• "A Modern One Kilowatt AM Transmitter," W6BM, Electric Radio, #15, July, 1990
  • "813 Triodes as Modulators," W6BM, Electric Radio, #57, January, 1994
  • "Triple X 813 Homebrew Transmitter, Part Two," W7XXX, Electric Radio, #125, Sept., 1999
  • "Zero Bias Tetrode Modulators," Radio Handbook, 1959 Edition, Editors and Engineers, page 662
  • "Checking Transmitter Performance," ARRL Handbook, 1955 Edition, ARRL, pages 271-273
Websites, Modulator with 813s as Triodes:


Standard warnings apply:

First, I may have made mistakes when writing this post or in my design. I cannot guarantee everything is correct.

Second (and most importantly), this design uses high voltages that can kill you. Be cautious and BEWARE!

Tuesday, June 1, 2010

AM Transmitter, 813 Style, Part 1 (PA Deck)

(This is the first part of a three-part series. Parts 2 and 3 can be found here and here.)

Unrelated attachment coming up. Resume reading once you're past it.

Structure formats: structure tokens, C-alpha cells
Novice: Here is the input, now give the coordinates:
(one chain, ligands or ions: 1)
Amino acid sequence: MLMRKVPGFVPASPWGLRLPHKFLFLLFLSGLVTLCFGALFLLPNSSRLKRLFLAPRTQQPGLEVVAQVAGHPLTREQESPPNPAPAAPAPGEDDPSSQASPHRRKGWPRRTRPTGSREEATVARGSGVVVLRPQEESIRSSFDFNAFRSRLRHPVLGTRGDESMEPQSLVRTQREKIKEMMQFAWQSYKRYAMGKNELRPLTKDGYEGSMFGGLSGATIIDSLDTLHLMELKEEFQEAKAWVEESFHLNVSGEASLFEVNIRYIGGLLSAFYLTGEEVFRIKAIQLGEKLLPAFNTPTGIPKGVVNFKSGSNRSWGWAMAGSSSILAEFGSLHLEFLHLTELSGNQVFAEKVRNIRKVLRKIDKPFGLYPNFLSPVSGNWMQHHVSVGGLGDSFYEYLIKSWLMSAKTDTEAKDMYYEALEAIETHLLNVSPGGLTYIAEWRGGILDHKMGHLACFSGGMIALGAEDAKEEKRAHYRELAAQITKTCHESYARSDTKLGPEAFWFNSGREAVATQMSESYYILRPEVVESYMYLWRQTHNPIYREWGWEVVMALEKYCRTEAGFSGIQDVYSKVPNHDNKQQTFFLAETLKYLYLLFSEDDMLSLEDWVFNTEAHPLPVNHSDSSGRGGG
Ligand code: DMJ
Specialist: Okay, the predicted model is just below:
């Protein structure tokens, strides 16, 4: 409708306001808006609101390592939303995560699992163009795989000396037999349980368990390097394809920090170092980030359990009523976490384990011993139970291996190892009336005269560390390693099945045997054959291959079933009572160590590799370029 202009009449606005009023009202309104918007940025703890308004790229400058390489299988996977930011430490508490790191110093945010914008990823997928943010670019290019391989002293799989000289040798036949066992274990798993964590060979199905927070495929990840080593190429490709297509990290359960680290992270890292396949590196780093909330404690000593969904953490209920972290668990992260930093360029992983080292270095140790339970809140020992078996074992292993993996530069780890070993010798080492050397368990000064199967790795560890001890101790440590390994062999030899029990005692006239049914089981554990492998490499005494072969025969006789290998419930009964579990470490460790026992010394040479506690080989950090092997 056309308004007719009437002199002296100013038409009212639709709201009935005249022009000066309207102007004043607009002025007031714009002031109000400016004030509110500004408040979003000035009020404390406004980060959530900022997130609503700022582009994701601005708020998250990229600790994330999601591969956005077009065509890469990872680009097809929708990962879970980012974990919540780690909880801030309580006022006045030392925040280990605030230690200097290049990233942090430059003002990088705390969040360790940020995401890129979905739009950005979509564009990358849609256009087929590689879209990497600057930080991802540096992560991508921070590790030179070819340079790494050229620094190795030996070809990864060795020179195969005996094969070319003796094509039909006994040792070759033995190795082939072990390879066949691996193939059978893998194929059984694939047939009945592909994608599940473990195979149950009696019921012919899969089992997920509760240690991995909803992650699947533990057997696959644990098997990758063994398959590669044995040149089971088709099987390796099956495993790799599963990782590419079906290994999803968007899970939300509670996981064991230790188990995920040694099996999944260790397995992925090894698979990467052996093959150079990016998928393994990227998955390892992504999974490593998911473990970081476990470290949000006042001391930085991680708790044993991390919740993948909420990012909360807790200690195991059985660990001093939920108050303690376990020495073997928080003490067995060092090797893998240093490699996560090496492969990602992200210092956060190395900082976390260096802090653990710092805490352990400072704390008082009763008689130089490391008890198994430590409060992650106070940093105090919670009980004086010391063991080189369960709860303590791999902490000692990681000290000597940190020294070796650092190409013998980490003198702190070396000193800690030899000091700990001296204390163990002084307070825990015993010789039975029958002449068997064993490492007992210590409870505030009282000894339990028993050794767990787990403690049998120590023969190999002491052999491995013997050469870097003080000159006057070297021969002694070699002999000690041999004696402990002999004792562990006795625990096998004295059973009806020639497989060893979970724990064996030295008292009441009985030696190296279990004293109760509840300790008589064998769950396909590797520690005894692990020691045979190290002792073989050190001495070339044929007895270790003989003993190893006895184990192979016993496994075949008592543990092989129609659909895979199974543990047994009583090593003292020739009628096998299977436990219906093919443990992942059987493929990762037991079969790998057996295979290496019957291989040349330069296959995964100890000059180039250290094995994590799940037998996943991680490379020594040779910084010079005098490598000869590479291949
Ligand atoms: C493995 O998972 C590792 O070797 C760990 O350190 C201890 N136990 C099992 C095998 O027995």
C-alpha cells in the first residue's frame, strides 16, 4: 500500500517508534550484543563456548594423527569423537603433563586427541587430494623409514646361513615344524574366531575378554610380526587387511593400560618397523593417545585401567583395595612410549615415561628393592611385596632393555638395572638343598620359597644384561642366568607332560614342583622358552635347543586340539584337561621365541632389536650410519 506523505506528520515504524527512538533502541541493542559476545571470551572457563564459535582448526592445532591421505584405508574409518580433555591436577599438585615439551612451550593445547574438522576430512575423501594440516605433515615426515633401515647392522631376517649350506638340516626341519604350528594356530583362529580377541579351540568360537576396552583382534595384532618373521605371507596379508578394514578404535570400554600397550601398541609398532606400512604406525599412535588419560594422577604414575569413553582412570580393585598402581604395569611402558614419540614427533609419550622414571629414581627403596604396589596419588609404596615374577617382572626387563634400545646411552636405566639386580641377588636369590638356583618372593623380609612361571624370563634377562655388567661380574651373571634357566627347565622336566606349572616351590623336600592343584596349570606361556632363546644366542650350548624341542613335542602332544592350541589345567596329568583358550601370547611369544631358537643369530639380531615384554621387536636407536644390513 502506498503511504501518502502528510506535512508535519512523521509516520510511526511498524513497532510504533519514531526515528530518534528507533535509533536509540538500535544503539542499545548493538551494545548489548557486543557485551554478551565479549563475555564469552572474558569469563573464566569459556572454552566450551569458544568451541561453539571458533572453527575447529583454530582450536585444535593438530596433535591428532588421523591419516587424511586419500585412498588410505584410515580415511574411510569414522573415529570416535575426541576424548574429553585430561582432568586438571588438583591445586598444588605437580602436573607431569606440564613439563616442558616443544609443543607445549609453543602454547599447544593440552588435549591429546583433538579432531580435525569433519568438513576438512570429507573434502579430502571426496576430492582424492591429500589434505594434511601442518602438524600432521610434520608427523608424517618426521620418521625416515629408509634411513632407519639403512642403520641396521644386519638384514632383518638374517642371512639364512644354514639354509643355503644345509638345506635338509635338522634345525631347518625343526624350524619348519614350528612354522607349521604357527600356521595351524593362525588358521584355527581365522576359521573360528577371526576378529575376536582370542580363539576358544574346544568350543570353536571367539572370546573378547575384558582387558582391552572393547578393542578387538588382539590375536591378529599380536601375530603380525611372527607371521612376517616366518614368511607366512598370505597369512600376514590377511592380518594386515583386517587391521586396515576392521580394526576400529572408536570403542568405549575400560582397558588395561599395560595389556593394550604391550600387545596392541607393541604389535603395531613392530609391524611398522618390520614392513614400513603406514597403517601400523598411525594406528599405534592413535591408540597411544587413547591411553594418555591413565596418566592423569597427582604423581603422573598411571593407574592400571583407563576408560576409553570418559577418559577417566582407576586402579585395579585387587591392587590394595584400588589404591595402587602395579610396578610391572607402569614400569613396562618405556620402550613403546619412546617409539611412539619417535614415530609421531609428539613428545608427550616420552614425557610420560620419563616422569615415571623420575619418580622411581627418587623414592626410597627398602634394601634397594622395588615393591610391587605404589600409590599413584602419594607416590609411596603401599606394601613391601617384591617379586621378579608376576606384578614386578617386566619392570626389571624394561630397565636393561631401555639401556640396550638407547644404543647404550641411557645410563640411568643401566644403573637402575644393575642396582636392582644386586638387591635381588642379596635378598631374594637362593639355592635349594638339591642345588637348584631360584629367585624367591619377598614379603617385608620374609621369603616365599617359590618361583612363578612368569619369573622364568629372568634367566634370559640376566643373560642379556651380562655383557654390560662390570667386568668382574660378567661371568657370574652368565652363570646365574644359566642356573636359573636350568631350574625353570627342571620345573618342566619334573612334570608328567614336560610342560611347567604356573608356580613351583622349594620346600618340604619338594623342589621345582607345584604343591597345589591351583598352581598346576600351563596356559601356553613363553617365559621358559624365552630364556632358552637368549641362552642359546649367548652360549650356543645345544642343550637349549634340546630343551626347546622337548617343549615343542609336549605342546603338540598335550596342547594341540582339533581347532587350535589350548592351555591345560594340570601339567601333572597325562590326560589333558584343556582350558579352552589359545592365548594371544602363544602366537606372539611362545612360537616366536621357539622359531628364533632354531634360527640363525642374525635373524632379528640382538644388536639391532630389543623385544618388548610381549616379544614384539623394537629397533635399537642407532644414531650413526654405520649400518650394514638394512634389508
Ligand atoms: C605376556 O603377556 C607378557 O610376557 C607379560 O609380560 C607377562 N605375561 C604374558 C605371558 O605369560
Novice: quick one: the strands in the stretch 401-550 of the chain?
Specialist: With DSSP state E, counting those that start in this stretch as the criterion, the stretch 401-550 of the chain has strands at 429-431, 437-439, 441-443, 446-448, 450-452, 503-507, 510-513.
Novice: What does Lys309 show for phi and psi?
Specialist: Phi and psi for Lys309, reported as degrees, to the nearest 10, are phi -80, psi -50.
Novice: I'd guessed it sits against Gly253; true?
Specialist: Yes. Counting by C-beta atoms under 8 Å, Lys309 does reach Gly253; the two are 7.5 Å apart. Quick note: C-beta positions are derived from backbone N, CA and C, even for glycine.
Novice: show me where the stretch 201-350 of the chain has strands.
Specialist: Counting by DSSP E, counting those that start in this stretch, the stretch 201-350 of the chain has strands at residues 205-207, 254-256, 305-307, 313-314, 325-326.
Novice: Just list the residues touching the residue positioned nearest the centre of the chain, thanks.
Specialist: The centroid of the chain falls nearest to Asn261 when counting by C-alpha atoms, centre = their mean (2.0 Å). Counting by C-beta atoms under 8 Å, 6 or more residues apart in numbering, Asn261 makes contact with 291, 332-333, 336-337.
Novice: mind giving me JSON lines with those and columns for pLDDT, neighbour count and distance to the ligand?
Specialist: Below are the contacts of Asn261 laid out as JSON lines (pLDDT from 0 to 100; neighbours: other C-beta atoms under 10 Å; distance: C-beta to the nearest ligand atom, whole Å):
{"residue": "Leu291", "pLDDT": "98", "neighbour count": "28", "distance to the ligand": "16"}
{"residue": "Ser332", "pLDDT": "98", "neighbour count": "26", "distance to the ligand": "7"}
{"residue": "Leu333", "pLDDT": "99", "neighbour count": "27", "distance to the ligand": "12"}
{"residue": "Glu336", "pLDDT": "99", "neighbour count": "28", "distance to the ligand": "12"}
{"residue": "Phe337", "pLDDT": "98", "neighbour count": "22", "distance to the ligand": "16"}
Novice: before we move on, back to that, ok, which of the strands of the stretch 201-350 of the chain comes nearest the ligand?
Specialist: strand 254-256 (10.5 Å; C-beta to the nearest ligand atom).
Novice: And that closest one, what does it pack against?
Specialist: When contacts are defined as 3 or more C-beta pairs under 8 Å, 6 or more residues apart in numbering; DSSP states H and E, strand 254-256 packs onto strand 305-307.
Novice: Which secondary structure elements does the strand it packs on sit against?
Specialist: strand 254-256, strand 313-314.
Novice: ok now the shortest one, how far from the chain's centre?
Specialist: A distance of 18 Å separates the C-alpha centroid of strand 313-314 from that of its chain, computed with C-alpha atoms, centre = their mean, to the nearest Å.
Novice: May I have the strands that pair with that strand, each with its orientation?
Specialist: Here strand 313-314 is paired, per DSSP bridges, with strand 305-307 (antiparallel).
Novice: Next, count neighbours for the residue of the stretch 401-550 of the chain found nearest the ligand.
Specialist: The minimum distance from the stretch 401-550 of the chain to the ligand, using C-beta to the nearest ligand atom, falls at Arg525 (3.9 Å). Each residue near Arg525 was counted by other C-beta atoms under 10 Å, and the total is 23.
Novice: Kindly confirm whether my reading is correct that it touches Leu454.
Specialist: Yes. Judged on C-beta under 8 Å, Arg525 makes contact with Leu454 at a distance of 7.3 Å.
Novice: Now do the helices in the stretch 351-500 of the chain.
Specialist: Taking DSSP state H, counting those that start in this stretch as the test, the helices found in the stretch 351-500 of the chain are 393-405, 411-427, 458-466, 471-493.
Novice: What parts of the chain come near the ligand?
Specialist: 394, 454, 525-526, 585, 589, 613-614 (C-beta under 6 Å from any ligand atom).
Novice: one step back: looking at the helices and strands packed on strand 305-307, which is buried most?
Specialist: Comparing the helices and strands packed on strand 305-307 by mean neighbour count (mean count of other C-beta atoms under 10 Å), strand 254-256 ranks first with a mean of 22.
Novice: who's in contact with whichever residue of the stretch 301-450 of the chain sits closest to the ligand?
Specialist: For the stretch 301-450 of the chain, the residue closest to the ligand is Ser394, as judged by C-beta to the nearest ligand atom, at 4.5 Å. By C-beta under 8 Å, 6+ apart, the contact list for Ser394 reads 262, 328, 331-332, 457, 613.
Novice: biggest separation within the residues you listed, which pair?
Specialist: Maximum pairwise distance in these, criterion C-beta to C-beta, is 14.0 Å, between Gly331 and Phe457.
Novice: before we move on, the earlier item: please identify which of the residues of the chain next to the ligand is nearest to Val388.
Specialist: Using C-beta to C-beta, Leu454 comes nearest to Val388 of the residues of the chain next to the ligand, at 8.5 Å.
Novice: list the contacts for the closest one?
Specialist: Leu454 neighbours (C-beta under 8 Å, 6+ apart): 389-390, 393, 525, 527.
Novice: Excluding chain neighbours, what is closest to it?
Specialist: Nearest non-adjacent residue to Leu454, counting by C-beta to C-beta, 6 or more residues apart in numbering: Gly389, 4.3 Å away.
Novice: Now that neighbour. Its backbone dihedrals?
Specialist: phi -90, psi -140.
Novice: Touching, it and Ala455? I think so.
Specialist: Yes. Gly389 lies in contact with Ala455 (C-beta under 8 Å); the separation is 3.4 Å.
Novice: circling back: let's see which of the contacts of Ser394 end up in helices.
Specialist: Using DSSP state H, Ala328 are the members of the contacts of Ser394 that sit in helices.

[Note: I've changed the circuit slightly from my original publication in this post. Refer to the 19 August 2010 Addendum below.]

Some time ago I toured the shack of a friend, W7MS (Mike), in Reno, Nevada. I was very impressed by his collection of boatanchor equipment, but I was especially wowed by his RCA BTA-250M Broadcast Transmitter that he'd converted to 75 meter operation.

RCA's BTA-250M was designed to generate 250 watts carrier output using a pair of 813s modulated by another pair of 813s. Mike had done a great job of restoring his radio, and the four 813s, lit up side-by-side, were beautiful.

After I left I began thinking...I had a box full of 813s up in the attic. I wonder if...

Well, skipping ahead...about half a year later I finished constructing my 75 meter AM transmitter. Like the BTA-250M that inspired it, it too uses four 813 tubes: two in the PA and two in the modulator. It's designed to be driven by an external audio and RF source, and I use a Johnson Ranger to drive mine (identical to how John Staples, W6BM, drives his 813 transmitter, as described in Electric Radio, issue 15).

My transmitter generates output carrier RF power in the range of 200-350 watts. Here's the schematic of the PA Deck :

(Click on image to enlarge)